S. Evans’s The Sleeping Beauty (1920), Milton’s Comus (1921), Hans Christian
Andersen’s Fairy Tales (1932), and Kenneth Grahame’s The Wind in
the Willows (1940), all of which offered Rackham the opportunity—with
threatening or enchanted woods, trees that speak or are otherwise conscious,
or spirits trapped in trees—to draw anthropomorphic trees (Hamilton
185–86). Although Rackham’s illustrations appear in no text featuring
trees of the third or fourth categories (i.e., trees that physically move
as Primary World trees cannot), his suggestions of arm-like branches,
leg-like roots, and facial features on tree trunks influence how the trees
in these stories have been received. While these trees speak, think, or exude
an ominous aura without moving in ways that Primary World trees
cannot, the vivid corporeal texture of Rackham’s drawings make the
oral, mental, and psychic faculties of these trees explicitly physical. Trees
that belonged—by their authors’ intentions—to the first and second

Vide aí embaixo a citação da biografia do Carpenter

Tom was rescued, and survived to become
the hero of a poem by the children's father, "The Adventures of Tom
Bombadil', which was published in the Oxford Magazine in 1934. It tells
of Tom's encounters with 'Goldberry, the River-woman's daughter', with
the 'Old Man Willow' which shuts him up in a crack of its bole (an idea,
Tolkien once said, that probably came in part from Arthur Rackham's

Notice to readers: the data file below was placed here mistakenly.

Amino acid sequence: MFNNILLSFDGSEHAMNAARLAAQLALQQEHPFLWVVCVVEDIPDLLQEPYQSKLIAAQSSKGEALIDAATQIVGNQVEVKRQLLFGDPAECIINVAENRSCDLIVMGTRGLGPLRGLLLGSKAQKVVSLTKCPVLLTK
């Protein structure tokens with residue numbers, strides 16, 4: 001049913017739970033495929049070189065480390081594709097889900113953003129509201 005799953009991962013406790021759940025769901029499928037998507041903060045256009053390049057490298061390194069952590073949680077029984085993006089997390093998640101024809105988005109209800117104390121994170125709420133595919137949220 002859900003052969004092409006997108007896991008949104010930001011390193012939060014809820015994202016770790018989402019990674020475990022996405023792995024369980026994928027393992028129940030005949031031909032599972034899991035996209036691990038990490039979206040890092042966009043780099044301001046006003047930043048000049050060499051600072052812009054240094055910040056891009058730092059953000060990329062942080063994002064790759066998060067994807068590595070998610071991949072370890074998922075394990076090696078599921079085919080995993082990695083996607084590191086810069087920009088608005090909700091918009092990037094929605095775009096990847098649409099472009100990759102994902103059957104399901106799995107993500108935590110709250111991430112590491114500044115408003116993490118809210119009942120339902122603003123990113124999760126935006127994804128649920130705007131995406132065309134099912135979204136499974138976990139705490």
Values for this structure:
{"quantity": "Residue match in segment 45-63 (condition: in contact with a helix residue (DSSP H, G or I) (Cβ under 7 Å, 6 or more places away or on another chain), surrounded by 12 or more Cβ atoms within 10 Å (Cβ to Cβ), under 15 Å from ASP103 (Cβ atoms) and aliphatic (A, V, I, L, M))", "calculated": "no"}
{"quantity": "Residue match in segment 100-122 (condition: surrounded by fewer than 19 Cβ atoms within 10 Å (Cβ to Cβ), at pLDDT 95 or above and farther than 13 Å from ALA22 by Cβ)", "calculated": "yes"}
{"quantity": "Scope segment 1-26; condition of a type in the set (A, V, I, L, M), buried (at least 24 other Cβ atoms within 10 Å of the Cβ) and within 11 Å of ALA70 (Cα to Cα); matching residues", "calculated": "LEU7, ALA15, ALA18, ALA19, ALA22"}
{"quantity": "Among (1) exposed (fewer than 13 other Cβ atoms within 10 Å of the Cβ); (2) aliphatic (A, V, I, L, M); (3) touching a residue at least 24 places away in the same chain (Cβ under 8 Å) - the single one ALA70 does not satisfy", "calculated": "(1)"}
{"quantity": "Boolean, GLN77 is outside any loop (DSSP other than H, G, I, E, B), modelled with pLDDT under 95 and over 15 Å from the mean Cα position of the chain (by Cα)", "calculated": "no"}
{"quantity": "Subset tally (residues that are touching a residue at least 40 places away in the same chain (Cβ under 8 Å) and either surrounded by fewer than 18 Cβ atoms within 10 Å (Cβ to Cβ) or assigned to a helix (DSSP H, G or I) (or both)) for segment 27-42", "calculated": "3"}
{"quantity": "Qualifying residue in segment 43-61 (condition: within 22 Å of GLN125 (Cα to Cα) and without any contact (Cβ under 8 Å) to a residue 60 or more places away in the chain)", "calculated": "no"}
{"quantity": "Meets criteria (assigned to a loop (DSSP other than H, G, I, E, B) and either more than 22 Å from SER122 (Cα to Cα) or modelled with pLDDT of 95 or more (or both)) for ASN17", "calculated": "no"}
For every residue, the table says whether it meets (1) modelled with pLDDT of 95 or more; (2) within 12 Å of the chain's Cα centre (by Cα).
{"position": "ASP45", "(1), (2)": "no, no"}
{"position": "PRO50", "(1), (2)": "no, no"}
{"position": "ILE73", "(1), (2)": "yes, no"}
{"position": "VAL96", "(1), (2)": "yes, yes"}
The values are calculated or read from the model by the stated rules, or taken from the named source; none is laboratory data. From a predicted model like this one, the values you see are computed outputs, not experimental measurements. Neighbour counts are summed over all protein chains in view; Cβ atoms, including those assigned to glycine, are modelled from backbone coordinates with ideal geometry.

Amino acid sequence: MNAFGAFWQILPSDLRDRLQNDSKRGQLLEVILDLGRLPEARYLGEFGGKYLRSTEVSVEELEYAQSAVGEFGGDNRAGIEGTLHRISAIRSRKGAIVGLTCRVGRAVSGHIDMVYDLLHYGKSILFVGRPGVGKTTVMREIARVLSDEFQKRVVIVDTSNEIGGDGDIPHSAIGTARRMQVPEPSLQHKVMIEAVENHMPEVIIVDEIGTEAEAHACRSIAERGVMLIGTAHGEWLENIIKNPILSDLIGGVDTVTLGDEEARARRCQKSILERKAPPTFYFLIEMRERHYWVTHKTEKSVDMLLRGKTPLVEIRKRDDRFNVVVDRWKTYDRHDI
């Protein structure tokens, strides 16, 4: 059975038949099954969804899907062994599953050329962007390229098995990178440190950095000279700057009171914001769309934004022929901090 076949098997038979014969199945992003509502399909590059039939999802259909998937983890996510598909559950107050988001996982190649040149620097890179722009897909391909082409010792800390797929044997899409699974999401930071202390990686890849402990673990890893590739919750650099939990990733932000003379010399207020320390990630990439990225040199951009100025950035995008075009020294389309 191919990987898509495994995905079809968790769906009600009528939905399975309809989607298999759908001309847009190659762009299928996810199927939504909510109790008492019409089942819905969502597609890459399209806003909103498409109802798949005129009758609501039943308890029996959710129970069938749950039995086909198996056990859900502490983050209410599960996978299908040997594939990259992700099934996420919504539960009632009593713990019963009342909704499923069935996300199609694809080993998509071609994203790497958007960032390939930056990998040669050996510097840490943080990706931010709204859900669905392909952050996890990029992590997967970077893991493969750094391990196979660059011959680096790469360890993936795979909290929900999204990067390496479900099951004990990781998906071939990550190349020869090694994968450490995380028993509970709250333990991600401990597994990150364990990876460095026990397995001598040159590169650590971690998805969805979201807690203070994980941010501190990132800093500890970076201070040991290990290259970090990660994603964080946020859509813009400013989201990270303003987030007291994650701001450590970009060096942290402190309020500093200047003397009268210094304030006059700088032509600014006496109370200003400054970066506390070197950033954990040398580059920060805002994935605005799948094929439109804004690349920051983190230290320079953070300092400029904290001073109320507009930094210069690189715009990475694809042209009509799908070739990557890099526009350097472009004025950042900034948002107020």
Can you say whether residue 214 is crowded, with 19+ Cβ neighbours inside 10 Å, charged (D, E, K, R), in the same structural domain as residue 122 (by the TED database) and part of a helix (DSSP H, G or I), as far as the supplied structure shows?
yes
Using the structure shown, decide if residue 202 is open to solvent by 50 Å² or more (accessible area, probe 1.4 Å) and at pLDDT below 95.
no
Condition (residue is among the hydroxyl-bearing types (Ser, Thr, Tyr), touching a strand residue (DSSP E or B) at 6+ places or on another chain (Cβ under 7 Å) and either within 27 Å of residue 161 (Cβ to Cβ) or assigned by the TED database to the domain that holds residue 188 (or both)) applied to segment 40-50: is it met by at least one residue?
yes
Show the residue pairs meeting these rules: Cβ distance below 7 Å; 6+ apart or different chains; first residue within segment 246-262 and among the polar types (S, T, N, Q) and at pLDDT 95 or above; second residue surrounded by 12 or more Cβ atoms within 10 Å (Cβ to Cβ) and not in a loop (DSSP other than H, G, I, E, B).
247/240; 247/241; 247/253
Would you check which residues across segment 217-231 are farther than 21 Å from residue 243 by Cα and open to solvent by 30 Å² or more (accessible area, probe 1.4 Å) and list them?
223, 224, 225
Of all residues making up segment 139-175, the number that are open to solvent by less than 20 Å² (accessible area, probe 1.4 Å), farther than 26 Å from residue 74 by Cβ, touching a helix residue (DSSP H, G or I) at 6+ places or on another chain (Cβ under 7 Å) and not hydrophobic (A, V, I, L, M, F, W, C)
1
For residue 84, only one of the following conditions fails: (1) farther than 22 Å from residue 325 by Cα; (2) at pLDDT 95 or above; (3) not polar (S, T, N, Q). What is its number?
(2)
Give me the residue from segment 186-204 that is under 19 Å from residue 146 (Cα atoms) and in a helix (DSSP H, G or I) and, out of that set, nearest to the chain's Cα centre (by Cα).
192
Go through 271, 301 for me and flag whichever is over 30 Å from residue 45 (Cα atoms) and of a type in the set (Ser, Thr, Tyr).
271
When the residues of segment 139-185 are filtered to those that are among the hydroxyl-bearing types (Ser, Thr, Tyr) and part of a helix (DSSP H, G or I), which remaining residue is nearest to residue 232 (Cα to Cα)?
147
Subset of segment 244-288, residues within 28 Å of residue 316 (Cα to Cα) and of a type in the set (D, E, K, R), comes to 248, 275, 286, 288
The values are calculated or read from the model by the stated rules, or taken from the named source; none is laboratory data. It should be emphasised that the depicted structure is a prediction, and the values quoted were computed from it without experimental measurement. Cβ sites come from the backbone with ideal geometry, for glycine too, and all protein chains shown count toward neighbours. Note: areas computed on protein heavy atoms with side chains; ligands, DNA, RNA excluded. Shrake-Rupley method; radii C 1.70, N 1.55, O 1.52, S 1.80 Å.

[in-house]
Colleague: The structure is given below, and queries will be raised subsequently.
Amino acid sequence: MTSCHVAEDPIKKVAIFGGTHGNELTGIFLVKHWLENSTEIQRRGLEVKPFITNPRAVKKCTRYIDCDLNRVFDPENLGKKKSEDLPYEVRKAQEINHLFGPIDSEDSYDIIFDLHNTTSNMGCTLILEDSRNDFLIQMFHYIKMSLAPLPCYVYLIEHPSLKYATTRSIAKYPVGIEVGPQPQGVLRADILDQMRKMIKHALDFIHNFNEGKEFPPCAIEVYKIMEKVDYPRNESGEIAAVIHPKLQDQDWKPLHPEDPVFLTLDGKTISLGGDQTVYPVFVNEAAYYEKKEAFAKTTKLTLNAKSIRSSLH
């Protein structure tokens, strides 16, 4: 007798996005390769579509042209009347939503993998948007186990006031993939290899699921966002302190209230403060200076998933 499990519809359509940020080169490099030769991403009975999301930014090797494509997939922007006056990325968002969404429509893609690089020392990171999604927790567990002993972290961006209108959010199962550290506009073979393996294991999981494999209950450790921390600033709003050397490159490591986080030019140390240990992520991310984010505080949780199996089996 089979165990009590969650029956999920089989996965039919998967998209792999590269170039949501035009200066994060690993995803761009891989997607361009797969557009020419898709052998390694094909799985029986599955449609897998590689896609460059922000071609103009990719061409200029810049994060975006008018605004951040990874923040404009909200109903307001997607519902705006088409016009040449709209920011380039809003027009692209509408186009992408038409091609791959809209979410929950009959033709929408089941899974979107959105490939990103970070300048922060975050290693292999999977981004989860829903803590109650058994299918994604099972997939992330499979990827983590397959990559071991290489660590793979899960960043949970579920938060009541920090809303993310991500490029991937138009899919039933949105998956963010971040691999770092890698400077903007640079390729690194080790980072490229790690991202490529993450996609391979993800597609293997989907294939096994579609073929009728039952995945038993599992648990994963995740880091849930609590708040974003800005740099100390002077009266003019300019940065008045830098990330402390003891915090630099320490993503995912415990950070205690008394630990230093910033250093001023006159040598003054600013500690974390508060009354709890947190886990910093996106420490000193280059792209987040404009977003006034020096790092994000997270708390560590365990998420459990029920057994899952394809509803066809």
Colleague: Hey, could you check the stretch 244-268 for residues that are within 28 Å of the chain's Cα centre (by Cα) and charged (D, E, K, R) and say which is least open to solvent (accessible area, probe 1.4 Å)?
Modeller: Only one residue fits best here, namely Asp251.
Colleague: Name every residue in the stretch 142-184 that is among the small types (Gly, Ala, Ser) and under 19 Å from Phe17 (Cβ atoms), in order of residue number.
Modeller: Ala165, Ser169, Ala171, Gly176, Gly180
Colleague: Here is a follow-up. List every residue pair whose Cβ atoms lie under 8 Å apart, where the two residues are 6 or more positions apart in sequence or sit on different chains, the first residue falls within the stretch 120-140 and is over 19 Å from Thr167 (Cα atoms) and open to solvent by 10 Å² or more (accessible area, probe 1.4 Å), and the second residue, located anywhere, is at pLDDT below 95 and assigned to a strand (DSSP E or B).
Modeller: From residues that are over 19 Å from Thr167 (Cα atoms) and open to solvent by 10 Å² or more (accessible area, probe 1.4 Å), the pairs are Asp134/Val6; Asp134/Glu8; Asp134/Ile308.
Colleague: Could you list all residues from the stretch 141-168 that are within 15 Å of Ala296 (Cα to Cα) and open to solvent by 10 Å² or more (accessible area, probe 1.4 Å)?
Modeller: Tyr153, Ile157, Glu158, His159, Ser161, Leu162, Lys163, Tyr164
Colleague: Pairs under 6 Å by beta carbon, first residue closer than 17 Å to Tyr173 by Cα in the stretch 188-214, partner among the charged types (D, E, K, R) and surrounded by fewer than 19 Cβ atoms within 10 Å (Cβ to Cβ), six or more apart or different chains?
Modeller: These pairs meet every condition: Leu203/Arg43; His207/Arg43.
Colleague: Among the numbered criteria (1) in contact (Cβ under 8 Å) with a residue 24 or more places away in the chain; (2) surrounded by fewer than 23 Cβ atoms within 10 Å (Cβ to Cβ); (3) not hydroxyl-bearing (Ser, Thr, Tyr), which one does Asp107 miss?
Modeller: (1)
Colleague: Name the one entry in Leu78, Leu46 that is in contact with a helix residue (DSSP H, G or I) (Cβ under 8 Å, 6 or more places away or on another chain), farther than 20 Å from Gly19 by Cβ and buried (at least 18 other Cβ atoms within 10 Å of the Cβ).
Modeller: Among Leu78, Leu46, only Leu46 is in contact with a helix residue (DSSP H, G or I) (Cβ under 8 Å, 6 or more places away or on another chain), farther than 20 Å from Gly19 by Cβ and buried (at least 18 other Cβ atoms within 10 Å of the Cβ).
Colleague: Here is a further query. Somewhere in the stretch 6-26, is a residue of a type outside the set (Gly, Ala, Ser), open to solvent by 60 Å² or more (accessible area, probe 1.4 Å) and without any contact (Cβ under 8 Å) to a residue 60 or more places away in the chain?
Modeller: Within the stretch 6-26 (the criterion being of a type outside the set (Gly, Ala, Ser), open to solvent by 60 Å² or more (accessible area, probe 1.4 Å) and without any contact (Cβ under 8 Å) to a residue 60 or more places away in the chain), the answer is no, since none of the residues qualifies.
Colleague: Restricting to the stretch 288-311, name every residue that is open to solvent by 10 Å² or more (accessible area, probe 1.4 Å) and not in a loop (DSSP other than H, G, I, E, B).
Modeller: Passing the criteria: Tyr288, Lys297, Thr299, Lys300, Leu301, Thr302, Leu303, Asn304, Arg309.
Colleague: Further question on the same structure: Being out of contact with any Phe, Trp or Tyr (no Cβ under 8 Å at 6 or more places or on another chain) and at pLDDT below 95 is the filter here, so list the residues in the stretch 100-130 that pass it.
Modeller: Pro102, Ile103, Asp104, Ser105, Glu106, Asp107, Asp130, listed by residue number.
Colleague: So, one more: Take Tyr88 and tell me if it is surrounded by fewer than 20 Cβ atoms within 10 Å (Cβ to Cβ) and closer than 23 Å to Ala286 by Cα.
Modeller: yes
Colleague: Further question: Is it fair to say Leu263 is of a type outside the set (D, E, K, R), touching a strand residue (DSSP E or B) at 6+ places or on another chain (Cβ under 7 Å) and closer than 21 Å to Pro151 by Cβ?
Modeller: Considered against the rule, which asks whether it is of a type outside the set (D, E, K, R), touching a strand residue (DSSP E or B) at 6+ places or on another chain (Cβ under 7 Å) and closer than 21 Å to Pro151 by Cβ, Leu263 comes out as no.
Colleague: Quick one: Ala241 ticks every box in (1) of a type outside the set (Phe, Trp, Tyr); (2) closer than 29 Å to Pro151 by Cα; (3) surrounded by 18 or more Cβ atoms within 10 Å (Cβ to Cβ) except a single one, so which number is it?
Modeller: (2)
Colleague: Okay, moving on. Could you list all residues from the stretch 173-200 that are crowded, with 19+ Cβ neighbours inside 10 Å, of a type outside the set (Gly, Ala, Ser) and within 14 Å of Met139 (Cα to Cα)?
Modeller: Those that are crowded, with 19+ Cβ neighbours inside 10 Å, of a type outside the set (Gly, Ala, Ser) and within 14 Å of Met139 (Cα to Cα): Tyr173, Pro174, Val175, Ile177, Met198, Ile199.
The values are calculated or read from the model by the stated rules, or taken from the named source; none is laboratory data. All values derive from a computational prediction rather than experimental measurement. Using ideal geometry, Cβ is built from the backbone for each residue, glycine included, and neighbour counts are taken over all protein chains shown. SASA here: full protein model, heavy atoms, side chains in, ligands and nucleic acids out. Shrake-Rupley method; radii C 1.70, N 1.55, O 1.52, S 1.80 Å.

, with a family of badgers, and with a 'Barrow-wight', a
ghost from a prehistoric grave of the type found on the Berkshire Downs
not far from Oxford.(...)

He was by now a very talented artist, although he had not the same skill at drawing figures as he had with landscapes. He was at his best when picturing his beloved trees, and like Arthur Rackham (whose work he admired) he could give to twisted root and branch a sinister mobility that was at the same time entirely true to nature.

Não por acaso, Arthur Rackham foi um notável ilustrador do Anel do Nibelungo, a tetralogia de Richard Wagner.

sábado, 2 de janeiro de 2010

Capitão Power episódio final -A Retribuição e seu "irmão" detonador-Z'Ha'Dum.

O final "marvado" de Capitão Power e sua conclusão que acabou comovendo até quem não acompanhava a série regularmente, como eu ( Porque óbvio de duas uma , se vc pega uma série que não acompanha ou assistirá o mesmo episódio fraco N vezes ou, justamente, aquele episódio relembrado pelos fãs ardorosos para o qual eles tiram os lencinhos do bolso.

Baseada em um episódio real da vida do próprio roteirista Joe (ahá) Michael Straczynski que precisou exorcizar seu trauma pelo menos um bom par de vezes dando em dois momentos emblemáticos.

"I've never talked about this before-said I was in a thoughtful mood-but I've known several people, friends, who've taken their own lives. In one case, I spoke to her just beforehand. Tried, through the phone lines, to reach her one more time, pull her back from the edge. I couldn't. Years pass. Time comes for me to write the last filmed episode of Power."'

"Jennifer Chase is going to die, partly of her injuries, partly of her own volition. Part of my life went into that scene, in the way it was constructed, and what was said. And what was not said, what never had the chance to be said, and thus still burns. I knew that, at the crucial moment of that scene, he couldn't be near her, as I wasn't near my had to be long-distance, hearing but not seeing her, and the terrible pain of arriving too late. I cannot watch that episode without crying. Ever."

Comparem o I love you de outro "Joe", o John Sheridan no fantástico episódio final da terceira temporada de Babylon 5, Z'Ha'Dum.

Outro caso de I love you-Kaboom.